Ice eating is a form of pica linked with anemia, which can make you feel weak and tired. People with anemia may eat ice because it can stimulate increased blood flow to the brain. This increases their alertness and makes them feel less tired (Rabel, 2016).

What are the tests for pica?

There’s no specific test for pica eating disorder. Because the symptoms of pica can vary so much, depending on what substance is being eaten, testing varies widely. Your provider may order comprehensive tests for gastrointestinal obstruction, infection by bacteria or parasites, lead toxicity, and nutritional deficiencies (Al Nasser, 2020).

Your provider may also inspect your teeth for damage from eating hard objects. You might also be assessed for other psychological conditions.

What’s the treatment for pica?

Pica isn’t necessarily treated. In pregnant women, pica usually spontaneously disappears (Al Nasser, 2020). However, if you’re pregnant and are experiencing pica, it’s still worth discussing with your healthcare provider. They might want to check for any nutritional deficiencies or other conditions that could affect you and your baby.

In most young children, pica usually disappears after they’ve been taught the difference between edible and inedible substances (Leung, 2019). In children and adults with learning disabilities, behavioral therapy usually stops pica (McNaughten, 2017; Call, 2015).

If tests show that you have nutritional deficiencies, you might need to take dietary supplements or change your diet. For instance, if you have iron-deficiency anemia, you may need iron supplements for iron replacement.

People with other mental health conditions might be prescribed medications to treat their condition (Kar, 2015).

Talk to your healthcare provider if you’re concerned about pica.

References

  1. Al Nasser Y, Muco E, Alsaad AJ. (2020). Pica. [Updated 2020 Dec 30]. In: StatPearls [Internet]. Treasure Island (FL): StatPearls Publishing; 2021 Jan-. Retrieved from https://www.ncbi.nlm.nih.gov/books/NBK532242/
  2. Call, N. A., Simmons, C. A., Mevers, J. E., & Alvarez, J. P. (2015). Clinical outcomes of behavioral treatments for pica in children with developmental disabilities. Journal of autism and developmental disorders, 45(7), 2105–2114. doi: 10.1007/s10803-015-2375-z. Retrieved from https://pubmed.ncbi.nlm.nih.gov/25636679/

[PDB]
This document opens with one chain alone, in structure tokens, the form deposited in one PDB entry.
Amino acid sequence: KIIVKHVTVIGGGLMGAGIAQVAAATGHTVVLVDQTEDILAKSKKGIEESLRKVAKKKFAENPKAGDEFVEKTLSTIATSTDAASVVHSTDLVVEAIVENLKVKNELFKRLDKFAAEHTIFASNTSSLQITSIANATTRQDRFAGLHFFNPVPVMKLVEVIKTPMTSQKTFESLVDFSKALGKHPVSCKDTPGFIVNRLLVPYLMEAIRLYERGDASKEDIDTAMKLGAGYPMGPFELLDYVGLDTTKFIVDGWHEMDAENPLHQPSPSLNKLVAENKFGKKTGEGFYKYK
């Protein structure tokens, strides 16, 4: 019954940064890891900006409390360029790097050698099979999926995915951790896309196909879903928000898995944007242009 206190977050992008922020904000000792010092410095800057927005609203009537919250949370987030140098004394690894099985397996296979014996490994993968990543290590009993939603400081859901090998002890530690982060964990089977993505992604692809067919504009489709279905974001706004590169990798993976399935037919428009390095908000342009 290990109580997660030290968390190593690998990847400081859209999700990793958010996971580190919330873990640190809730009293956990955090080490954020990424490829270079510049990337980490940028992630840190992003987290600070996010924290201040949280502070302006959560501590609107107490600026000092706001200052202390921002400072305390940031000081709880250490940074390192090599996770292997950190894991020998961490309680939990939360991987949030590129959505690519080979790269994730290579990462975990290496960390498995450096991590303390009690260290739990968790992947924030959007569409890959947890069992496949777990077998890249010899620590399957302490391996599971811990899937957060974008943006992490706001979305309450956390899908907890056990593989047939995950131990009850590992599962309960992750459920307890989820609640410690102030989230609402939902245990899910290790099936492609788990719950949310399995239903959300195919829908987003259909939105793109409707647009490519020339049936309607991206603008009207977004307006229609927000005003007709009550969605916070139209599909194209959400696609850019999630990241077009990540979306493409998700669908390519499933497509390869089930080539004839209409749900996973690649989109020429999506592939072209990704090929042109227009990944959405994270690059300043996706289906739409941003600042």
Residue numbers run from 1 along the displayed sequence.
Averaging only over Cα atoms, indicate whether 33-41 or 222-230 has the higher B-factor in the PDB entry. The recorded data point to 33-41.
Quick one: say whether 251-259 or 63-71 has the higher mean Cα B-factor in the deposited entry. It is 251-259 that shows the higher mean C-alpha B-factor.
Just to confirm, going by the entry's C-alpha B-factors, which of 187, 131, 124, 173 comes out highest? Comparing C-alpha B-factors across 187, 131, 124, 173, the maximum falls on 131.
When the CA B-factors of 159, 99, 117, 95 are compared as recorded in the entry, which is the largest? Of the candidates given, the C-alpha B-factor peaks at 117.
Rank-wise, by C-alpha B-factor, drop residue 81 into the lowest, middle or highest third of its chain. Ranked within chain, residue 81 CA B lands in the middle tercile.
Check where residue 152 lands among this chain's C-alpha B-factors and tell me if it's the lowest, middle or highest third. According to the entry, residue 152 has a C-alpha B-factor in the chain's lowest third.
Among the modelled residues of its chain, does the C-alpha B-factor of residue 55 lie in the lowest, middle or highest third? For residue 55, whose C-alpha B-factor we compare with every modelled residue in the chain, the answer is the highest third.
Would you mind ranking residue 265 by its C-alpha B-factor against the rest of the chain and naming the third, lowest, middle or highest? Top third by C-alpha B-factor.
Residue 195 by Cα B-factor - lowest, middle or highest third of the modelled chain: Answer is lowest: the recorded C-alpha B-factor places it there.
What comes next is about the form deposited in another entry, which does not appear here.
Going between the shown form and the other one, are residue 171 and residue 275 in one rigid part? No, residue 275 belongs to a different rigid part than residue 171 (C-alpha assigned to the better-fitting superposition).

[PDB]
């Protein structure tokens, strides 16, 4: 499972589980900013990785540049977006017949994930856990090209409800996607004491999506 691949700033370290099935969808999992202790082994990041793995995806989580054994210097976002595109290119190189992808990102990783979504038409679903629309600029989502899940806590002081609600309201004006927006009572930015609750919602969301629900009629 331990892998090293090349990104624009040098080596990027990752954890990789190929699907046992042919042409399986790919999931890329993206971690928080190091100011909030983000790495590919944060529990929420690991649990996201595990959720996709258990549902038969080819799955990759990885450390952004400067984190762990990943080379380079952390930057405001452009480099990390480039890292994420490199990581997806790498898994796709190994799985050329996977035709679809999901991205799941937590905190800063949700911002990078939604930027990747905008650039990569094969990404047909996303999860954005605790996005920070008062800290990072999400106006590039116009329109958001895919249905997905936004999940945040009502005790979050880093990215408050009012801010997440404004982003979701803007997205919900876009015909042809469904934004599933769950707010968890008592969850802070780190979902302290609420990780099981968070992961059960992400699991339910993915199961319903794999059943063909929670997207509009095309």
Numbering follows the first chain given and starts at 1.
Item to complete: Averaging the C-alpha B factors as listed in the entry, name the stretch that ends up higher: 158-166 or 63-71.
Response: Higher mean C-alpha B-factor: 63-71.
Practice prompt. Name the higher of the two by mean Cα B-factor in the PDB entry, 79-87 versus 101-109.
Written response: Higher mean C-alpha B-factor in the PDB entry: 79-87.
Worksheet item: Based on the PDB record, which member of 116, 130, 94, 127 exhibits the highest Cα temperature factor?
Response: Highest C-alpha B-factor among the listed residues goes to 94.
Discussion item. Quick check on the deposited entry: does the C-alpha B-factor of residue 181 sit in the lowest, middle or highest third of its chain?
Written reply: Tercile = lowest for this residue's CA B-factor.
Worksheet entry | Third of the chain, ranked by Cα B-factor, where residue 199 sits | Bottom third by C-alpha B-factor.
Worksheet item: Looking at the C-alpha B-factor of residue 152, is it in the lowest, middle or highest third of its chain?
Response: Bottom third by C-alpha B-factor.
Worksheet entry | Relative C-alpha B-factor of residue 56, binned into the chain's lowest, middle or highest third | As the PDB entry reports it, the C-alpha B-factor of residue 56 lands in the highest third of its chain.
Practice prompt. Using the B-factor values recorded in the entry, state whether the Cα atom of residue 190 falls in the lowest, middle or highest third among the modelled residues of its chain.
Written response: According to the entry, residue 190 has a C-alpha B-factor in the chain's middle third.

3. Fawcett, E. J., Fawcett, J. M., & Mazmanian, D. (2016). A meta-analysis of the worldwide prevalence of pica during pregnancy and the postpartum period. International journal of gynaecology and obstetrics: the official organ of the International Federation of Gynaecology and Obstetrics, 133(3), 277–283. doi: 10.1016/j.ijgo.2015.10.012. Retrieved from https://pubmed.ncbi.nlm.nih.gov/26892693/
  4. Funayama M. (2018). Pica. Brain and nerve = Shinkei kenkyu no shinpo, 70(11), 1173–1180. doi: 10.11477/mf.1416201162. Retrieved from https://pubmed.ncbi.nlm.nih.gov/30416110/
  5. Hauptman, M., Bruccoleri, R., & Woolf, A. D. (2017). An update on childhood lead poisoning. Clinical pediatric emergency medicine, 18(3), 181–192. doi: 10.1016/j.cpem.2017.07.010. Retrieved from https://www.ncbi.nlm.nih.gov/pmc/articles/PMC5645046/
  6. Kar, S. K., Kamboj, A., & Kumar, R. (2015). Pica and psychosis – clinical attributes and correlations: a case report. Journal of family medicine and primary care, 4(1), 149–150. doi: 10.4103/2249-4863.152277. Retrieved from https://www.ncbi.nlm.nih.gov/pmc/articles/PMC4366992/
  7. Leung, A., & Hon, K. L. (2019). Pica: A common condition that is commonly missed – an update review. Current pediatric reviews, 15(3), 164–169. doi: 10.2174/1573396315666190313163530. Retrieved from https://pubmed.ncbi.nlm.nih.gov/30868957/
  8. McNaughten, B., Bourke, T., & Thompson, A. (2017). Fifteen-minute consultation: the child with pica. Archives of disease in childhood. Education and practice edition, 102(5), 226–229. doi: 10.1136/archdischild-2016-312121. Retrieved from https://pubmed.ncbi.nlm.nih.gov/28487433/
  9. Miao, D., Young, S. L., & Golden, C. D. (2015). A meta-analysis of pica and micronutrient status. American journal of human biology : the official journal of the Human Biology Council, 27(1), 84–93. doi: 10.1002/ajhb.22598. Retrieved from https://www.ncbi.nlm.nih.gov/pmc/articles/PMC4270917/
  10. Rabel, A., Leitman, S. F., & Miller, J. L. (2016). Ask about ice, then consider iron. Journal of the American Association of Nurse Practitioners, 28(2), 116–120. doi: 10.1002/2327-6924.12268. Retrieved from https://www.ncbi.nlm.nih.gov/pmc/articles/PMC4635104/
  11. Woodhall, D. M., Garcia, A. P., Shapiro, C. A., Wray, S. L., Shane, A. L., Mani, C. S., et al. (2017). Assessment of U.S. pediatrician knowledge of toxocariasis. The American journal of tropical medicine and hygiene, 97(4), 1243–1246. doi: 10.4269/ajtmh.17-0232. Retrieved from https://www.ncbi.nlm.nih.gov/pmc/articles/PMC5637614/